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Stark reality

When “County” went down, I recall someone saying that this was the best thing that could happen to us.  We’d just bounce back was the rhetoric.  I rubbished the suggestion, pointing out that the BSP read like a graveyard of former ‘League’ teams: York, Cambridge, Luton, Grimsby etc.  If we were to remain in that Division in Season one that would be a result in my opinion, after a free-falling demise and so many woes – consolidation had to be the name of the game.

Facing the on-going reality, relegation brings with it reduced income. There is an immediate loss of the £250,000 Premier League solidarity payment;  TV revenue and sponsorship £430,000 is halved for one year and then goes all together; youth development funding of £180,000 a year is halved for two years and then gets removed.

 It’s a significant contrast from the generous parachute payments clubs relegated from the Premiership receive for three years. 

All this explains why the Centre of Excellence in its current guise is not sustainable – and why innovative ticketing regimes need to be piloted such as ‘mad hatter prices’ to boost attendances for forthcoming seasons including attracting ‘new blood’ (the fans of tomorrow) and deriving supplementary in-stadia secondary spend.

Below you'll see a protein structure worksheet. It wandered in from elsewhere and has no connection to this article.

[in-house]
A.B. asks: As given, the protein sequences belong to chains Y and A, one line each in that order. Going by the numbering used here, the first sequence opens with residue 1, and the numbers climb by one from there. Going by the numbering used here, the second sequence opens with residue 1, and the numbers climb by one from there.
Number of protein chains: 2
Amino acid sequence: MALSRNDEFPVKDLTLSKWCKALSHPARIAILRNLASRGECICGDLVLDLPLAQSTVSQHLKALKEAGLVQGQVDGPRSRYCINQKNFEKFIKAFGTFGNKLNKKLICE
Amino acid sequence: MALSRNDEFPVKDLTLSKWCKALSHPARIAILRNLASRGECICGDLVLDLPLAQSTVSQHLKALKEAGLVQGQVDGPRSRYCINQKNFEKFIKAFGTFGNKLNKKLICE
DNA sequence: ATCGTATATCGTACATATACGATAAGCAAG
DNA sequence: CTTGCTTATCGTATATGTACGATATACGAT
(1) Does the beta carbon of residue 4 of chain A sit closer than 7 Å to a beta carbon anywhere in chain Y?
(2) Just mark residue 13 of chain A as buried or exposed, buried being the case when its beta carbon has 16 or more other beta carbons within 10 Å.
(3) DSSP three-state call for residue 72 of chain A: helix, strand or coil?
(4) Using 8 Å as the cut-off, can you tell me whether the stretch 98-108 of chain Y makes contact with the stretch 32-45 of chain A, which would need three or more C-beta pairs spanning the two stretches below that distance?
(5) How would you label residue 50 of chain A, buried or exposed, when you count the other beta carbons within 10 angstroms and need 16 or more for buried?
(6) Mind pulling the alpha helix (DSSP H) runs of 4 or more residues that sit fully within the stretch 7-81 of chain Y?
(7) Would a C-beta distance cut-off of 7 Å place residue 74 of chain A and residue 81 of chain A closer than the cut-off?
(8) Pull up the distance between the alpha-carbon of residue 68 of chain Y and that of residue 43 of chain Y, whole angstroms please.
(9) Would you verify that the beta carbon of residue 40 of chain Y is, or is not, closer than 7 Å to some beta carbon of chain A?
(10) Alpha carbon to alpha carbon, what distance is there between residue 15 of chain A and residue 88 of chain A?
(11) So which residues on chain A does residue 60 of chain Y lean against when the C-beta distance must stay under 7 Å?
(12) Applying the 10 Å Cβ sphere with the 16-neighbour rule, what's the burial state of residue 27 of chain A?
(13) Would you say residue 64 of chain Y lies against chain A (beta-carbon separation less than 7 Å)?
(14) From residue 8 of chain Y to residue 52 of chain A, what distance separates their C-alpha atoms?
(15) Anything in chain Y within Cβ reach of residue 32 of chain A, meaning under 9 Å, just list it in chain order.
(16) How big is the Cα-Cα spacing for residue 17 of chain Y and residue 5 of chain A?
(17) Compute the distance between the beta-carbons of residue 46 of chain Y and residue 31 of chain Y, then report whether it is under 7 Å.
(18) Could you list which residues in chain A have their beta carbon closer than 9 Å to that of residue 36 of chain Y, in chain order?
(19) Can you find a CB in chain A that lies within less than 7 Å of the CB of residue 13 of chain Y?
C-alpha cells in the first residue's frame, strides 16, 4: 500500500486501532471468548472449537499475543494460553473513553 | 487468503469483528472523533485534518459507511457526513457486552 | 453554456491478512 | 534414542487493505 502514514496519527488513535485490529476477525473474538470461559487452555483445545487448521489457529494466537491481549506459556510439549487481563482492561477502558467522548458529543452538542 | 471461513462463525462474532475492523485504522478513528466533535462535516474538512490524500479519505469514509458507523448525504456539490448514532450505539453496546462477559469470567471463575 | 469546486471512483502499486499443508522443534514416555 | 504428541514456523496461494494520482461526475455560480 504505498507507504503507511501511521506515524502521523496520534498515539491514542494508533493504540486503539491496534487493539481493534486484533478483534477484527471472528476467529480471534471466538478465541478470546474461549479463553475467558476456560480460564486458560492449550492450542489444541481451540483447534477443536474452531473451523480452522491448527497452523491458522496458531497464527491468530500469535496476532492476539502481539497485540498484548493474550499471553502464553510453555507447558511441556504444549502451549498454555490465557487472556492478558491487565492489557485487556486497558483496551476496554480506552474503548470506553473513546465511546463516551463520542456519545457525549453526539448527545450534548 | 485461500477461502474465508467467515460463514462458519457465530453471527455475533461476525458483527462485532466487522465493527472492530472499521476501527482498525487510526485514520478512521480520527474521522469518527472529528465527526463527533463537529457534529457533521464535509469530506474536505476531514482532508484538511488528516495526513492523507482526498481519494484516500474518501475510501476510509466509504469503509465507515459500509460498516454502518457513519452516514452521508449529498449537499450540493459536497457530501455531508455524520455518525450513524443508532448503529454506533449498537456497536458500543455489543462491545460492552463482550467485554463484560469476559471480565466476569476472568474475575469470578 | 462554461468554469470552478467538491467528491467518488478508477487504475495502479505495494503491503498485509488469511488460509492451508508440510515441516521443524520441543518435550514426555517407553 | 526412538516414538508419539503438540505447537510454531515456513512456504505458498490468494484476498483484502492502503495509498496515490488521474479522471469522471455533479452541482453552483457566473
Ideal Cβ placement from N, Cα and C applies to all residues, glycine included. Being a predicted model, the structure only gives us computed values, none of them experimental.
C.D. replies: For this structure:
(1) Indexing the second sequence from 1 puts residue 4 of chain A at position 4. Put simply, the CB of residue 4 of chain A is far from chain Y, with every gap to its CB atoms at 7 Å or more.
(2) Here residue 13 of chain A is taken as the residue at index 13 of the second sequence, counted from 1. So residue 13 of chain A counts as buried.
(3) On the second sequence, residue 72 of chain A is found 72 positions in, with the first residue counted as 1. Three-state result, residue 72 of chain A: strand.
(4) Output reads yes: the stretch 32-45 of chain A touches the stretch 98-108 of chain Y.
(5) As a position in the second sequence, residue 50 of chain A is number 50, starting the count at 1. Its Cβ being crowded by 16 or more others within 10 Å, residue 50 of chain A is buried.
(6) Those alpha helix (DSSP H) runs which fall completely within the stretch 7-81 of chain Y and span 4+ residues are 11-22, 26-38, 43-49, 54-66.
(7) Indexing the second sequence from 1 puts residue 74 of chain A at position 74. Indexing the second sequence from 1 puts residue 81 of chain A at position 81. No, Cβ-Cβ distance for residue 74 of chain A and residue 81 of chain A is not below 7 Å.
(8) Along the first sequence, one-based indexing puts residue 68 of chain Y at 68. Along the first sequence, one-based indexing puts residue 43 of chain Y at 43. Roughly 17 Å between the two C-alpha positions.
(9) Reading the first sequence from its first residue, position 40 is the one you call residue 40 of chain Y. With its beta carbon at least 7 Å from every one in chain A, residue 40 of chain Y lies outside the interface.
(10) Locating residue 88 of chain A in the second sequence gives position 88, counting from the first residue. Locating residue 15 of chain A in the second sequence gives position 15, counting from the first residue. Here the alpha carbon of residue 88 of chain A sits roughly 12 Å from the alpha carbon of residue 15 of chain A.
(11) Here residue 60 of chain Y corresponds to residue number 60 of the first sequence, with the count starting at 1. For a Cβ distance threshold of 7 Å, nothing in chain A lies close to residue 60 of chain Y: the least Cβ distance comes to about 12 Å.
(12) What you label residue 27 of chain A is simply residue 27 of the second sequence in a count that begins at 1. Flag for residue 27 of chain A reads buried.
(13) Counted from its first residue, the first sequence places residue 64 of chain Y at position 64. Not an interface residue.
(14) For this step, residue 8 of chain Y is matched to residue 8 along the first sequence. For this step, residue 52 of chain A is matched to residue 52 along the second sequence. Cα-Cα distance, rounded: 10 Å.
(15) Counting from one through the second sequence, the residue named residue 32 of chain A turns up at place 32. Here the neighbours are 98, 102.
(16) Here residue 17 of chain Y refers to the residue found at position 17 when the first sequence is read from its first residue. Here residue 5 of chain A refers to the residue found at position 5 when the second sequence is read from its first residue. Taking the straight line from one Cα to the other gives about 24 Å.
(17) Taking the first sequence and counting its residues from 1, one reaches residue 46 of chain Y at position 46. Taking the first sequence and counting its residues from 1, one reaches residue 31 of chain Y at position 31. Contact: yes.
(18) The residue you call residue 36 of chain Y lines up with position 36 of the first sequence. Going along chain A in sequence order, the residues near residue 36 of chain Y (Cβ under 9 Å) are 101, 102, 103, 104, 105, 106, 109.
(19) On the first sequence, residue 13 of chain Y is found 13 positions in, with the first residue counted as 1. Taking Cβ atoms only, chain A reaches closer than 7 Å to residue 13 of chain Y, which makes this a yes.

Messy house

The latest Begbies Traynor report on football’s well-being states that:

“Of 68 teams surveyed in the Divisions [Championship, 1 and 2], 13 have signs of distress such as serious court actions against them, including winding-up petitions, late filing of accounts and “serious” negative balances on their balance sheets. That 19% compares to just 1% in the wider economy”.

When will they learn?  The Firm has been Administrator at several clubs that I’ve personally had involvement with: Chester and Huddersfield.  Plus others such as: Lincoln City, Northwich Victoria, Wrexham, Farnborough, Crawley, Scarborough, Bournemouth, Halifax, Southampton and Port Vale.

From a purely selfish perspective this keeps us in business, but how many times do we need to ask when will football get its own house in order?

The survey measures the financial distress of clubs according to problems including serious court actions against them and big negative balances on their balance sheet.